Docosahexaenoic acid (DHA)
Docosahexaenoic acid (DHA) is an omega-3 fatty acid. It is found in cold water fatty fish and fish oil supplements, along with eicosapentaenoic acid (EPA). Vegetarian sources of DHA come from seaweed. DHA is essential for the proper functioning of our brains as adults, and for the development of our nervous system and visual abilities during the first 6 months of life. In addition, omega-3 fatty acids are part of a healthy diet that helps lower risk of heart disease. Our bodies naturally produce small amounts of DHA, but we must get the amounts we need from our diet or supplements. Most people in the Western world do not get enough omega-3 fatty acids in their diet.
Attention-Deficit Hyperactivity Disorder (ADHD)
Because omega-3 fatty acids are needed for children’s brains to develop properly, researchers have examined whether fish oil might reduce ADHD symptoms. So far, results have been mixed. One study showed fish oil might help, but many patients dropped out of the study before it was completed.
Although some studies have shown that fish oil reduces symptoms of depression, it isn’t clear whether DHA alone has the same effect. Other studies suggest it may be EPA which has the positive effect on depression.
Fish oil appears to have positive effects on existing heart disease. It also may lower the risk for developing heart disease. Omega-3 fatty acids found in fish oil help lower triglycerides (fats in the blood), lower blood pressure, reduce the risk of blood clots, improve the health of arteries, and reduce the amount of arterial plaque (which narrows arteries and causes heart disease).
DHA plays a crucial role in the growth and development of the central nervous system as well as visual functioning in infants.
Several small studies indicate that fish oil may help reduce symptoms and inflammation associated with rheumatoid arthritis. However, it does not stop the progression of the disease.
Fish oil appears to reduce the pain of menstrual cramps when taken on a regular basis (not just when menstruating).
Several studies show that high doses (12 g) of fish oil can reduce sensitivity to cold in the fingers and toes of people with Raynaud syndrome. Take doses this high only under a doctor’s supervision.
Two small studies suggested that fish oil reduced fatigue and joint pain associated with lupus.
DHA is found in cold water fatty fish, including salmon, tuna (bluefin tuna have up to five times more DHA than other types of tuna), mackerel, sardines, shellfish, and herring. Although some of these fish contain low levels of mercury, the Food and Drug Administration has found that consuming several servings of fish each week poses no risk to healthy people and conveys many health benefits. Women who are pregnant or planning to become pregnant should avoid Atlantic mackerel, shark, swordfish, and tilefish. They should also limit consumption of white albacore tuna to under 6 oz. per week. (High-quality fish oil supplements made by manufacturers who test for mercury and other toxins do not pose the same risk of mercury contamination. Read labels carefully and check for purity, or ask your doctor to help you find the best quality DHA supplement.) For infants, breast milk from a well-nourished mother contains significant amounts of DHA, while infant formula may not have any DHA. Read labels carefully to find a brand that does.
DHA is available as a supplement in two common forms:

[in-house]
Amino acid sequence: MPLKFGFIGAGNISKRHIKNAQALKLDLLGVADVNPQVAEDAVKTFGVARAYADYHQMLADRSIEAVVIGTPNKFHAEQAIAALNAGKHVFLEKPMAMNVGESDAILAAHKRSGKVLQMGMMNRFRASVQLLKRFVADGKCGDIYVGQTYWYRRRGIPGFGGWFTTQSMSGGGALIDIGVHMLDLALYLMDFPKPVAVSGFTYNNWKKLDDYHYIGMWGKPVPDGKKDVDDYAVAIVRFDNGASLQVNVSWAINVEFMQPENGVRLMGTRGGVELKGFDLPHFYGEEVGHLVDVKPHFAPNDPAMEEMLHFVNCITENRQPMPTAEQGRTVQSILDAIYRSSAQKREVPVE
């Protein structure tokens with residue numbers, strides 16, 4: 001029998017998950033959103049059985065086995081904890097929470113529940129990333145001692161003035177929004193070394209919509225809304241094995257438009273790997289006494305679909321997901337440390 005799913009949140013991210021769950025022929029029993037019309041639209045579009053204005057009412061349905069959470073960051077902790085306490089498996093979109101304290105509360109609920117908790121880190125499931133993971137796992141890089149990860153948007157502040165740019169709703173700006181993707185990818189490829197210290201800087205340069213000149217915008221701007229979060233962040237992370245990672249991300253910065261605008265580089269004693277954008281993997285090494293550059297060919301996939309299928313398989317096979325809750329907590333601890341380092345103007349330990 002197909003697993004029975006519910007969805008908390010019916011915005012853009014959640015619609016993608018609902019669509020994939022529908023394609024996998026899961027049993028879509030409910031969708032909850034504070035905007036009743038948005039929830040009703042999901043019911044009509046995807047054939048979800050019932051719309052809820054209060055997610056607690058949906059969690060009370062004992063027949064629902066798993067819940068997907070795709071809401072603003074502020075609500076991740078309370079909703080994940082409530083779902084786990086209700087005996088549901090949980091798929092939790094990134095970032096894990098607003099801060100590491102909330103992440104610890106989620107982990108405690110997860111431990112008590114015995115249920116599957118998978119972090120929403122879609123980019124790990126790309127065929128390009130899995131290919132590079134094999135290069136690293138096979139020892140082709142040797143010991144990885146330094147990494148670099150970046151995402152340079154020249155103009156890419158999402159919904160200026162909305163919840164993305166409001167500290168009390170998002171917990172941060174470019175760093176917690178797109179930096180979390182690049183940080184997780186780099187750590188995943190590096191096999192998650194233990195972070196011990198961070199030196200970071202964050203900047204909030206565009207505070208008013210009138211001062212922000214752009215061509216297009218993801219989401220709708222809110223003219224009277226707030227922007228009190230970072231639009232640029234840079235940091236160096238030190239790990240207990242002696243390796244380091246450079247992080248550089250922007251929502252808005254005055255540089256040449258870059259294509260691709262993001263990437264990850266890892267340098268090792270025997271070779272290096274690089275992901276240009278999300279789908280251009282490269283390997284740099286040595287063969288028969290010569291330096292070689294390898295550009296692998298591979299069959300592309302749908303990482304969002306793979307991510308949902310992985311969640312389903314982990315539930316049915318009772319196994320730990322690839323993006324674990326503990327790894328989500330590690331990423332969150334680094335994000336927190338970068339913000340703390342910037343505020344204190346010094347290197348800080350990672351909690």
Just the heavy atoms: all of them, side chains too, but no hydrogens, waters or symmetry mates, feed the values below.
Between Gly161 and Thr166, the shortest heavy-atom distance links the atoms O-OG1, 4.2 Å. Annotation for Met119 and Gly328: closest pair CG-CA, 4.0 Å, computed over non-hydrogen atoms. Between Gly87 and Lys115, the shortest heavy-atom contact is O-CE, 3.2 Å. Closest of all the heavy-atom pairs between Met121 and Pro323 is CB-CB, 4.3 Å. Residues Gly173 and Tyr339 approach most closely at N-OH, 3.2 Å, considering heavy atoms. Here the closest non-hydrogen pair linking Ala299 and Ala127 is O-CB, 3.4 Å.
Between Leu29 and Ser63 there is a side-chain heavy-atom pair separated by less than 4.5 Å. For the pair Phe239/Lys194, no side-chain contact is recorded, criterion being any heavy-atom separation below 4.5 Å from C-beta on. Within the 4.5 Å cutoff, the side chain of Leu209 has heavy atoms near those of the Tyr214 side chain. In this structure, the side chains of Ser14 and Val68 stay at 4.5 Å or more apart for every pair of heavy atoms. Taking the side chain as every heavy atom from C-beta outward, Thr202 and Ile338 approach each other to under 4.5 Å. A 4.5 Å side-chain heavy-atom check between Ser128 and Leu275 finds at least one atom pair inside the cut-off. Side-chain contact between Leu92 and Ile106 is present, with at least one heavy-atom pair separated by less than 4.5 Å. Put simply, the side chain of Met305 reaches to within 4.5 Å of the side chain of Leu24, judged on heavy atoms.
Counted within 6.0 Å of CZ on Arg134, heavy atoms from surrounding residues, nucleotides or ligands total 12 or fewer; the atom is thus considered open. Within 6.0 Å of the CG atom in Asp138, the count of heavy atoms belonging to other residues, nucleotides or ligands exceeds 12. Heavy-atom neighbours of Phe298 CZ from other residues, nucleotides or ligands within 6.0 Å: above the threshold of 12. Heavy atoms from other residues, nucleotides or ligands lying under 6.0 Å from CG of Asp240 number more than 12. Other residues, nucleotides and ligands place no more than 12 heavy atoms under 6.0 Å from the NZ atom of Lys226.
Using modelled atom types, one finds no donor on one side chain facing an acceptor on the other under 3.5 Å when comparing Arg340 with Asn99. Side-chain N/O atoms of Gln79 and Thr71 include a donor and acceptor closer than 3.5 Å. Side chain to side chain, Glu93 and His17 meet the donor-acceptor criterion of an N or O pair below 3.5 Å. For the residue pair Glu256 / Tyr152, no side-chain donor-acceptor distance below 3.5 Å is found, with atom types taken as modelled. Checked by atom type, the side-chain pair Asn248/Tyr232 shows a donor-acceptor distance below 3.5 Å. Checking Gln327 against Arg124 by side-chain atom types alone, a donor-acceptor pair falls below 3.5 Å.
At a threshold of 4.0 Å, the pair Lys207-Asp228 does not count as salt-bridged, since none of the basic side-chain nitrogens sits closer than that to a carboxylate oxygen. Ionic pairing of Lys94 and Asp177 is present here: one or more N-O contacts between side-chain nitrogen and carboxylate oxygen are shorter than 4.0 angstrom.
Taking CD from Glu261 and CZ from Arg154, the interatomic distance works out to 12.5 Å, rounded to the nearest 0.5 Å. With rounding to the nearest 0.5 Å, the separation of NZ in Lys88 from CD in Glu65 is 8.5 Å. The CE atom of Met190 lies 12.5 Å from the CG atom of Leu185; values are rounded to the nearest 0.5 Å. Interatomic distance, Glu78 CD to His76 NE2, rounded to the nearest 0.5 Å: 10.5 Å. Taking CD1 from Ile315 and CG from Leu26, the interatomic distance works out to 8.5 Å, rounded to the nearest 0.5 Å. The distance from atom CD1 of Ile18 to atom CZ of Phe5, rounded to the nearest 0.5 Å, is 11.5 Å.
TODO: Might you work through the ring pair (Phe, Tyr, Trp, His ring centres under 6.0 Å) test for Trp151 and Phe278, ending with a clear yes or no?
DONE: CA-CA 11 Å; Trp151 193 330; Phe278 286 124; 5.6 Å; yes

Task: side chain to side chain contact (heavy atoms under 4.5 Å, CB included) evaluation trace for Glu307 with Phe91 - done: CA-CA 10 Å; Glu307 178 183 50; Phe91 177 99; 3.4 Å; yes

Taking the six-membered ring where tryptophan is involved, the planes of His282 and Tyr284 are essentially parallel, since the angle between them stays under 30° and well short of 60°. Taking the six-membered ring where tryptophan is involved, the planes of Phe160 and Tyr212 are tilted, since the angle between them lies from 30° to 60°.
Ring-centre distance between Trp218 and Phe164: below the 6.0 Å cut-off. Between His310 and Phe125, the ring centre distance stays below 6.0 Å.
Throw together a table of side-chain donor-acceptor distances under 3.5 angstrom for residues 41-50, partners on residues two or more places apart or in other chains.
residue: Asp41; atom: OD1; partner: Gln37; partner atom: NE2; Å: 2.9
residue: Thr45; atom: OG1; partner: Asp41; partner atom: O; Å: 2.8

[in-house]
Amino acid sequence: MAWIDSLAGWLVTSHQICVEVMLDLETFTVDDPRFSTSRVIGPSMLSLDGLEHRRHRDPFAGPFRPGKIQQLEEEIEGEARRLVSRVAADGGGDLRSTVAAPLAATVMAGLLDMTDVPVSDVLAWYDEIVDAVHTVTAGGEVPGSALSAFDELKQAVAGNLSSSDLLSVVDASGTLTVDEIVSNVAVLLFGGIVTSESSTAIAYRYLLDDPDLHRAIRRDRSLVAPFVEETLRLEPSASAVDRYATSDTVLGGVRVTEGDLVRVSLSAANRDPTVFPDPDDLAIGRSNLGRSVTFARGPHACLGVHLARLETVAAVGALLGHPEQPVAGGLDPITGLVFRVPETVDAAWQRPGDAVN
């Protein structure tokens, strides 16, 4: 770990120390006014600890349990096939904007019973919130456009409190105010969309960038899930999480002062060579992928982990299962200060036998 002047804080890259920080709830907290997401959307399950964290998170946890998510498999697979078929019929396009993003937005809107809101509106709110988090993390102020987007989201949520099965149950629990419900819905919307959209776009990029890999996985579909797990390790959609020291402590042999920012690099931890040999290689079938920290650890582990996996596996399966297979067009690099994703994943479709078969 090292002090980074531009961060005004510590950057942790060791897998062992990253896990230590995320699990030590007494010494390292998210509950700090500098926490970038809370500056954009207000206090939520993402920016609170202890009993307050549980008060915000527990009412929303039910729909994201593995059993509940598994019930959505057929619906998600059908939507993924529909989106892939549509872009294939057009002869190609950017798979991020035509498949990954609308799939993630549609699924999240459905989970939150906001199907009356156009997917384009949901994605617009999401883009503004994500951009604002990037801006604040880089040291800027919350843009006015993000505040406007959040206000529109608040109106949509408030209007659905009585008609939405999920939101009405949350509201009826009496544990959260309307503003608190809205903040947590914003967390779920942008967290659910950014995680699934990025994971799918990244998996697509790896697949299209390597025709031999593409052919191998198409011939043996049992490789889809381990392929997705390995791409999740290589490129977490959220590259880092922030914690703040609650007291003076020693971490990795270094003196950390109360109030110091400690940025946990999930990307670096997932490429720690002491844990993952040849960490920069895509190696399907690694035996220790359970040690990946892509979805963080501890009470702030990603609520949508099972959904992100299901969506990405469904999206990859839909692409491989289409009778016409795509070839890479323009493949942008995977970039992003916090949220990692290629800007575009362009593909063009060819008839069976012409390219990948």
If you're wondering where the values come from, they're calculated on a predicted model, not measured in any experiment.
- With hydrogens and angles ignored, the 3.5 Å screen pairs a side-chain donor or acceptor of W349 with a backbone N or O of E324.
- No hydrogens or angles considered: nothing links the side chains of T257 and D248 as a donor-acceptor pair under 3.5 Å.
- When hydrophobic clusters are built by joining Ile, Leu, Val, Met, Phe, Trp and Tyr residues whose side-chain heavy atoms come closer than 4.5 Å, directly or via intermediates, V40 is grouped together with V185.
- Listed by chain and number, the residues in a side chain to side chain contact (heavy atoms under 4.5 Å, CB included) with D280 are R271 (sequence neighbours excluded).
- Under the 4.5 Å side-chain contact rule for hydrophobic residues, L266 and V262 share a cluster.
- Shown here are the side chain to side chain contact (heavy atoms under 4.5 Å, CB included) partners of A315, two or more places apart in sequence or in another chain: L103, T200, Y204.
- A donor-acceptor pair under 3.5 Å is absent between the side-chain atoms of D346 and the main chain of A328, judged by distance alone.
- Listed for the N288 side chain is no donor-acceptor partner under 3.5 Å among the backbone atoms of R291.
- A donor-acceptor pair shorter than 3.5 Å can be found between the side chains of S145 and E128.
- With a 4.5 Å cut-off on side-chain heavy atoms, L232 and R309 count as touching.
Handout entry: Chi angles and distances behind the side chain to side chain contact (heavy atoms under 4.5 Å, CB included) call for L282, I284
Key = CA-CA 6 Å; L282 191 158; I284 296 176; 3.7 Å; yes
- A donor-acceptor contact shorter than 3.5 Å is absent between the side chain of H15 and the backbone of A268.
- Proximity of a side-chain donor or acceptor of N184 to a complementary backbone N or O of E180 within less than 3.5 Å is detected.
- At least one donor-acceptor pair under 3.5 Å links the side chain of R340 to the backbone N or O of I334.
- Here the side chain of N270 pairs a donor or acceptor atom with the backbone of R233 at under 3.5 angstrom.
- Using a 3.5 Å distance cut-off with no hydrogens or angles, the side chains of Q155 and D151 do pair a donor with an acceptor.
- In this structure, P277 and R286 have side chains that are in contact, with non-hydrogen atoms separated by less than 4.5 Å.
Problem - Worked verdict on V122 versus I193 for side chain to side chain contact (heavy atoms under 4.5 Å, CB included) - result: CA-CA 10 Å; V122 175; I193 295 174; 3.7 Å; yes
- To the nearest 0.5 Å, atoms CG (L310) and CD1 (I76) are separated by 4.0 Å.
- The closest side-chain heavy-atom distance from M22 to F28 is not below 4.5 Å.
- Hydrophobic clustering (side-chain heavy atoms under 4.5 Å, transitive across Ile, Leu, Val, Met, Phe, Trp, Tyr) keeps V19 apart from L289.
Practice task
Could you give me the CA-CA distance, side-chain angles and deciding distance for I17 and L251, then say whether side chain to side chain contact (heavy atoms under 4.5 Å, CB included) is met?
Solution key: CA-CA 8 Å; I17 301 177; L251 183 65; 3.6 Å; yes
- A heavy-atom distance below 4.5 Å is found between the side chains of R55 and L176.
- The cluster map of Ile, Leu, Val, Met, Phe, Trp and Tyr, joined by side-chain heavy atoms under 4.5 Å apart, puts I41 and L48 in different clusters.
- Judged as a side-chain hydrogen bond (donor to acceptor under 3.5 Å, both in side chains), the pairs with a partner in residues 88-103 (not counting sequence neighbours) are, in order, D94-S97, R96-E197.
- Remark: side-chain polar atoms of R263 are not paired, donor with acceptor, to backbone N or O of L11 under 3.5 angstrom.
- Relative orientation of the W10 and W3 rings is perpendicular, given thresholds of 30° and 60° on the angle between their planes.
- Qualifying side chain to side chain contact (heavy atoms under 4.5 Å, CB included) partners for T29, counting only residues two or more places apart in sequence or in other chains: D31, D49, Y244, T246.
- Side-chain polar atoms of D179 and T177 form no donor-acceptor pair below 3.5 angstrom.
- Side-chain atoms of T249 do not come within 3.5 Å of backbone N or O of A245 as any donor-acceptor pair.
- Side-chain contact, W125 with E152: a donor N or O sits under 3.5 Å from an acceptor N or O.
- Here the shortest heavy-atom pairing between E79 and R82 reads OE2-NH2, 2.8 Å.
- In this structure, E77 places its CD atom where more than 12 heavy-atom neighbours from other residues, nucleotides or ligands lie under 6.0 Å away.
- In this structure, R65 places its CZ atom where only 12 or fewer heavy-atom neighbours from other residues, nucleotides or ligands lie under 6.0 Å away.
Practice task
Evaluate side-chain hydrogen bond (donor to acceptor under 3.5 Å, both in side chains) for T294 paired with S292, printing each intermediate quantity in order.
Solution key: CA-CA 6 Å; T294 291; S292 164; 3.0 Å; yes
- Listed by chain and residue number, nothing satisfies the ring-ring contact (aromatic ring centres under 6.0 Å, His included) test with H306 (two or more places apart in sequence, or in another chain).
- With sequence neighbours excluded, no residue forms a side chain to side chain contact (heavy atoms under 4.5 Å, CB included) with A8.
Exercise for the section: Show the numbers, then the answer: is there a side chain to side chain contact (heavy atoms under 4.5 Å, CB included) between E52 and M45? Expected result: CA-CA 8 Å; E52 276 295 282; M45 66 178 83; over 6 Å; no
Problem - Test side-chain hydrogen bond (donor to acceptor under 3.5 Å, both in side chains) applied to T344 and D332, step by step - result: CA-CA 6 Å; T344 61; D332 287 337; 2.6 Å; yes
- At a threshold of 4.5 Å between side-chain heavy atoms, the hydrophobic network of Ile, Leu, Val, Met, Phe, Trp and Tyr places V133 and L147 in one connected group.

Fish oil capsules [which contain both DHA and EPA (eicosapentaenoic acid), another omega-3 fatty acid]
DHA extracted from algae (which contains no EPA)
How to Take It:
Breast-fed infants should receive enough DHA if the mother gets enough of this fatty acid.
Most studies have used 1,000 – 2,500 mg of DHA per day.
In the diet: 2 – 3 servings of fatty fish per week, which corresponds to 1,250 mg EPA and DHA per day.
Fish oil supplements: 3,000 – 4,000 mg standardized fish oils per day. Read the label to check levels of DHA and EPA, which are not the same as mg of fish oil. Higher doses are generally considered safe, but people who take blood-thinning medication or people who have hemophilia should check with their doctors to determine a safe dose.
Pregnant women: 200 mg DHA per day
Algal-derived DHA supplements: 200 mg per day
Some fish oil supplements also contain vitamin E to maintain freshness.
Fish oil capsules contain both DHA and EPA. Supplements containing EPA may not be recommended for infants or small children because they upset the balance between DHA and EPA during early development. Pregnant women should talk to their doctor before taking fish oil supplements.
Fish oil capsules may cause minor side effects, such as loose stools, abdominal discomfort, and belching. In addition, they may prolong bleeding time slightly. If you take blood-thinning medication, talk to your doctor before taking fish oil.
Blood Pressure Medication — DHA may lower blood pressure, so it could make the effects of prescription blood pressure medication stronger.
Anticoagulants (blood thinners) — EPA in fish oil supplements may increase bleeding time, so fish oil could make the effects of these drugs stronger. The same does not appear to be true of DHA alone.
Diabetes medications — Theoretically, fish oil supplements may lower levels of glucose in the blood and could make effects of diabetes drugs stronger. If you have diabetes, talk to your doctor before taking fish oil.
Aspirin — In combination with aspirin, fish oil could be helpful in the treatment of some forms of coronary artery disease. However, this combination may also increase the risk of bleeding. Talk to your doctor to see if this combination is right for you.
Cyclosporine — Omega-3 fatty acids may reduce some of the side effects associated with cyclosporine therapy, which is often used to reduce rejection in transplant recipients. Talk to your doctor before adding any new herbs or supplements to your existing medication regimen.